This seminar on postwar European history acquaints students with some of the most important problems of the period, with a special focus on East Central Europe. The course is especially designed to help students draw comparisons with their own country’s experience.
The themes touched upon include the legacy of Europe’s wartime memory and its lingering importance; the impact of the Second World War on the civilian population (DP camps); the problem of postwar retribution trials in both East and West; the communization of Eastern Europe; the Stalinist era and its show trials; the Cold War and some of its major crises; 1968 in both East and West; and the decline and fall of communism.
The course is conducted as a discussion seminar, in which students are required to participate in a discussion of the week’s reading materials. Although there is a main text (Judt, supplemented by other textbook excerpts), the discussions focus primarily on historical documents (such as those in Stokes) and films (feature films and documentaries).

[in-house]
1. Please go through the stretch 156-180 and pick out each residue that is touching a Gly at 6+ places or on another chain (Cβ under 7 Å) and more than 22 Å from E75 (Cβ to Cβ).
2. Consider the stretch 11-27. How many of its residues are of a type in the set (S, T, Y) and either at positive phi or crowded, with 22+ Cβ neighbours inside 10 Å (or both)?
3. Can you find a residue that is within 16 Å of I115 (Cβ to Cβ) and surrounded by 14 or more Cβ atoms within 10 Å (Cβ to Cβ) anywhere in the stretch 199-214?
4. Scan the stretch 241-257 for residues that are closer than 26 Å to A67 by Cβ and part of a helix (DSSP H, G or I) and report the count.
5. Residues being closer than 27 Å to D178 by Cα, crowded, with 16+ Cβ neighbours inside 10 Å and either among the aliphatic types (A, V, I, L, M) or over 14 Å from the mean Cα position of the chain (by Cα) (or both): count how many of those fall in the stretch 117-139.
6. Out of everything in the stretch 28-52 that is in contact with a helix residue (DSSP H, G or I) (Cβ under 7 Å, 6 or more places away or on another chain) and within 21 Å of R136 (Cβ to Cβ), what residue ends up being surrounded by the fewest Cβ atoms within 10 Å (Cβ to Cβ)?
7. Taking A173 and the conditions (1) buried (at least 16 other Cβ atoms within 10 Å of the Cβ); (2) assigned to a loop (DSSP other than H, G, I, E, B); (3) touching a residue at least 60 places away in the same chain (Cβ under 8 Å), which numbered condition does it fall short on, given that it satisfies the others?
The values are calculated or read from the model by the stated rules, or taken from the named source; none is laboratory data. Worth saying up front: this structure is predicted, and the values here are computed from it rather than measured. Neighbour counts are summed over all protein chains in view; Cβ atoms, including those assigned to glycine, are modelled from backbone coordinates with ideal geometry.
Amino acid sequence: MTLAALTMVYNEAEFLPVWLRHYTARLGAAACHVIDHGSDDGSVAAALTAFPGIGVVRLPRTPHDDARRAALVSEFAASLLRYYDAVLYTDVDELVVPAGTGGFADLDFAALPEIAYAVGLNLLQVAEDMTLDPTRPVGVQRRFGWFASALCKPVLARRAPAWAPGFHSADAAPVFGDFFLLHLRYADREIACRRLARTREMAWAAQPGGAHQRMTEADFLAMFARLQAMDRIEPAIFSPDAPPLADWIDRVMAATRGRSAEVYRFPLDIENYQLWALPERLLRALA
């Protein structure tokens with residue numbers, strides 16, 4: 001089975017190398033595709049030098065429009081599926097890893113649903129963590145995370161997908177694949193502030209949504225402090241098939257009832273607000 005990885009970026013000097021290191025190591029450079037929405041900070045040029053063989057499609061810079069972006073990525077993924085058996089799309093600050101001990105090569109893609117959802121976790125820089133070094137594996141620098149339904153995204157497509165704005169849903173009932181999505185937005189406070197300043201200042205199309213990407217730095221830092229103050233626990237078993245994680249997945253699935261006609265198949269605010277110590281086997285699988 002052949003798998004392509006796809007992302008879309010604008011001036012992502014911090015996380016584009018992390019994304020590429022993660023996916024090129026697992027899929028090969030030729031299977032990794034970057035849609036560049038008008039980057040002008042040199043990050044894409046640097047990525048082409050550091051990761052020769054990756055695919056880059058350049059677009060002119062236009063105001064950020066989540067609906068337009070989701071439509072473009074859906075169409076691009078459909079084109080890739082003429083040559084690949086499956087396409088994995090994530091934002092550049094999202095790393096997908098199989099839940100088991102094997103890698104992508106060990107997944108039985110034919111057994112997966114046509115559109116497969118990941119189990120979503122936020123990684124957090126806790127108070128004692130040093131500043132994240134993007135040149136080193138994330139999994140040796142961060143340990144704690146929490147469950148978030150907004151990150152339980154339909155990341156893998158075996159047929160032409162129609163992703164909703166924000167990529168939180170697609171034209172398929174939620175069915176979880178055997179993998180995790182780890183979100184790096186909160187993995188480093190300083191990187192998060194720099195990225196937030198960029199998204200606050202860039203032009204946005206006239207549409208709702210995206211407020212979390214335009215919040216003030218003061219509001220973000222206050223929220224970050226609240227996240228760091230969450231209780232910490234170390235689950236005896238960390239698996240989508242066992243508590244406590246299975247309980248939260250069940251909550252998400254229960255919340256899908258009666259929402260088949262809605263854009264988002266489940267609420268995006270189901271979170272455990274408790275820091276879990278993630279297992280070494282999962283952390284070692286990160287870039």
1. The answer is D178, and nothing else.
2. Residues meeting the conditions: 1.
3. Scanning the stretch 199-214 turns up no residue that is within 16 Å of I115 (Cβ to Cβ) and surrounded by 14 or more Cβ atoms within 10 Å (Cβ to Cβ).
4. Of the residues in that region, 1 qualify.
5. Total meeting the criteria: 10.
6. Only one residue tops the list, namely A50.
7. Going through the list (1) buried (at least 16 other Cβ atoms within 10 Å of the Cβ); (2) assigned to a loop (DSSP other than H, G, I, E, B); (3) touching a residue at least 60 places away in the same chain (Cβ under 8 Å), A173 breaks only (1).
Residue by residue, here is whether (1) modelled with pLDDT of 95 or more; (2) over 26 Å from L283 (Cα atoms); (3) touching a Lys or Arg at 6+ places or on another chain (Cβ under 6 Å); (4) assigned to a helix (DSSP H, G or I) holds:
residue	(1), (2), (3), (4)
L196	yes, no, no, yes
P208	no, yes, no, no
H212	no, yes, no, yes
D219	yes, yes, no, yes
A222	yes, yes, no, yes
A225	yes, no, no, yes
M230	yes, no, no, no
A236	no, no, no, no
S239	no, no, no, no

As part of the course, the students visit the Institute for National Remembrance, where the director of its archives and someone involved in its oral history project give a presentation and a tour, and show them some of their archival materials. The students are also required to complete an oral history project, in which they select someone they know to interview about a historical event or period.
In preparation, an oral historian will present them with information about the scholarly value of oral history and some methodological guidelines about how to interview.
The course is graded on the basis of participation, some written assignments, an oral history project, and the final exam (two hours, one essay and six of ten identification questions).